When one of my piano students shows up for a lesson I am immediately interested in what they did during the week. More specifically, I’m interested in how they did what they did. I want to know how they practiced, not what they practiced – how much hands alone practice, how much repetition, did they use the metronome? count aloud? practice perform? There is one piece of data that I could take or leave – time at the piano. It’s just not that important to me. All my students ask me how long they should practice every day. My goal is to help them understand that this is the wrong question.
Elearning environments will soon consider how the learner has interacted with material. It will then predict what the learner will want to do next instead of simply keeping track of the boolean “has X been completed?”. It might suggest reading material based on the titles of previously-read material. It also might suggest a good short lesson plan based on previous session times. Predictive learning can react wisely when it asks, unemotionally, things like, “how long are you planning on staying?” and “would you like some reading suggestions?”
The human teacher has the advantage and disadvantage of being emotional. It’s obviously nice to connect with students on a human level, but emotions can cloud judgement of what should probably come next. I know I get tired of reinforcing habits in my piano students – so I skip something or omit telling them to keep their fingers in a certain position – even though they need to hear it again – because I’m human and forgetful sometimes. An LMS could potentially sense emotion – “John hates these articles because he spent only 7 seconds on them and his rate of reading is 80 words per minute when he’s interested.”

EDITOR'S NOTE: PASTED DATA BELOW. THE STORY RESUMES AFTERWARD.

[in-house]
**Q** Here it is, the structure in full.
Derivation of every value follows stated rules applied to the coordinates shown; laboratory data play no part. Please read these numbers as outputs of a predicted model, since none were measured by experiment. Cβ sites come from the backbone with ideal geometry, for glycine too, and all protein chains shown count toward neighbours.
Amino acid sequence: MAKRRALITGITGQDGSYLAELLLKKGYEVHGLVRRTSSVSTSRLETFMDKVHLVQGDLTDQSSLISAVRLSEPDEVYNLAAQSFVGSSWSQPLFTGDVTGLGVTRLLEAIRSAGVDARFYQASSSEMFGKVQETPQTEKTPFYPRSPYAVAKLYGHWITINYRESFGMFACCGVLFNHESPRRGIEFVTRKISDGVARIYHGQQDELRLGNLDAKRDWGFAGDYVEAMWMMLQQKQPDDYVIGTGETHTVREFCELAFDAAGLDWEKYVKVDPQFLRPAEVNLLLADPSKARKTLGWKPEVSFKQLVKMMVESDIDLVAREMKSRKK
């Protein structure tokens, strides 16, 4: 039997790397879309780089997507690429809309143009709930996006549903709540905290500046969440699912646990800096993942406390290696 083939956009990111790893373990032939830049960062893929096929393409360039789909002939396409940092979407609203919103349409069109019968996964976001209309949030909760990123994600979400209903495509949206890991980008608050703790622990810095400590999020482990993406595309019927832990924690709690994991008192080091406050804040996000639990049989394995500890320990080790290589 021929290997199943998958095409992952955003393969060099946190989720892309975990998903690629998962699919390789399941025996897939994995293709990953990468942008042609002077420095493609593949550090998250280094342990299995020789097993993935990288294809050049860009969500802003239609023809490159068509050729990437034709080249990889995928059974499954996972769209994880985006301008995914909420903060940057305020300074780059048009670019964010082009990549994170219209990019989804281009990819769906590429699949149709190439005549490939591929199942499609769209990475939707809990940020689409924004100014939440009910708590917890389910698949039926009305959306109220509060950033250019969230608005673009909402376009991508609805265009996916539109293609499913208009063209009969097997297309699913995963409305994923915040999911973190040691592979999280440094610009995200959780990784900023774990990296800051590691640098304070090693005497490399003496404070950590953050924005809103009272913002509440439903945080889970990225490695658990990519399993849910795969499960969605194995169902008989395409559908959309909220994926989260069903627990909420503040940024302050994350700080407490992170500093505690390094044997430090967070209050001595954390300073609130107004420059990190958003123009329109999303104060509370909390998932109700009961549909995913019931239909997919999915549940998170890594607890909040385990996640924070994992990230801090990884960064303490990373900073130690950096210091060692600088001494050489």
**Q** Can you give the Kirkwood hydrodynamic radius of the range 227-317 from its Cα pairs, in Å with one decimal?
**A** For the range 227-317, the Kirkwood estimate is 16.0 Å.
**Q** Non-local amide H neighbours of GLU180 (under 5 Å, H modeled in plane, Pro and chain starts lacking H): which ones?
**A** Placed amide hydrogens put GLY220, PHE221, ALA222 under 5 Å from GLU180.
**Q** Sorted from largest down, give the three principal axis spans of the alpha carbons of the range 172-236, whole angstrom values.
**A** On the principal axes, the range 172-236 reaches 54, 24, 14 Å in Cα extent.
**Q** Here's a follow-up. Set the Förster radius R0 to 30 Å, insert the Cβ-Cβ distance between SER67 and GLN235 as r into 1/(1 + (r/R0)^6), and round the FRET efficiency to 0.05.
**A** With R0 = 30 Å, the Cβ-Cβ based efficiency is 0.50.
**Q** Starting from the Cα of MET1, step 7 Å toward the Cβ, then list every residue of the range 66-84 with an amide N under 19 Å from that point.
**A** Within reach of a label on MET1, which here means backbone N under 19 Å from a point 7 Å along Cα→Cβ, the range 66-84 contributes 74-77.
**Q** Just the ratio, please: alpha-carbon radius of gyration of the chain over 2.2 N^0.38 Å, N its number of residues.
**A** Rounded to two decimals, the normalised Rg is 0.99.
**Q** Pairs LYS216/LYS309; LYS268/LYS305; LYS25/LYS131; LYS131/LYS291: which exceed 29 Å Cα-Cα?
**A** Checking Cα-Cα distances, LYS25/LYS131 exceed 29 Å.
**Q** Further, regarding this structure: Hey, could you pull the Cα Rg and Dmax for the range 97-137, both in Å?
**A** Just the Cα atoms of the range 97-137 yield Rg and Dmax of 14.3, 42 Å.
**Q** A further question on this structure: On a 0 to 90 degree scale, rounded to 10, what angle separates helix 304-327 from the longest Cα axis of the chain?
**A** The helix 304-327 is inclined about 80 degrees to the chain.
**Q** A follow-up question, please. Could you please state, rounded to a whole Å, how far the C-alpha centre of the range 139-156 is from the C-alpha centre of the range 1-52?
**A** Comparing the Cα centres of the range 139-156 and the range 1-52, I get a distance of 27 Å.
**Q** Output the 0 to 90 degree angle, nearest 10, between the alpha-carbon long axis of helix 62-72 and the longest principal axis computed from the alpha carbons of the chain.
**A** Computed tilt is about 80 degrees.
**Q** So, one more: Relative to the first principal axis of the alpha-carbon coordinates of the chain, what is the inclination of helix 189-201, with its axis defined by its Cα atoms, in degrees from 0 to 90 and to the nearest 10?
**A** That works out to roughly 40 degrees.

This is one reason I’m jazzed to see the Tin Can API solutions people come up with. What can we do with this new potential for information? The guys at SaltBox seem to be mildly obsessed with this and I can’t wait to see their solutions up close. Beyond a large-scale solution, I think there are lots of small applications this could be used for. If you have come up with something – I’m dying to see examples in action. I’ll be trying it out myself soon in little micro projects.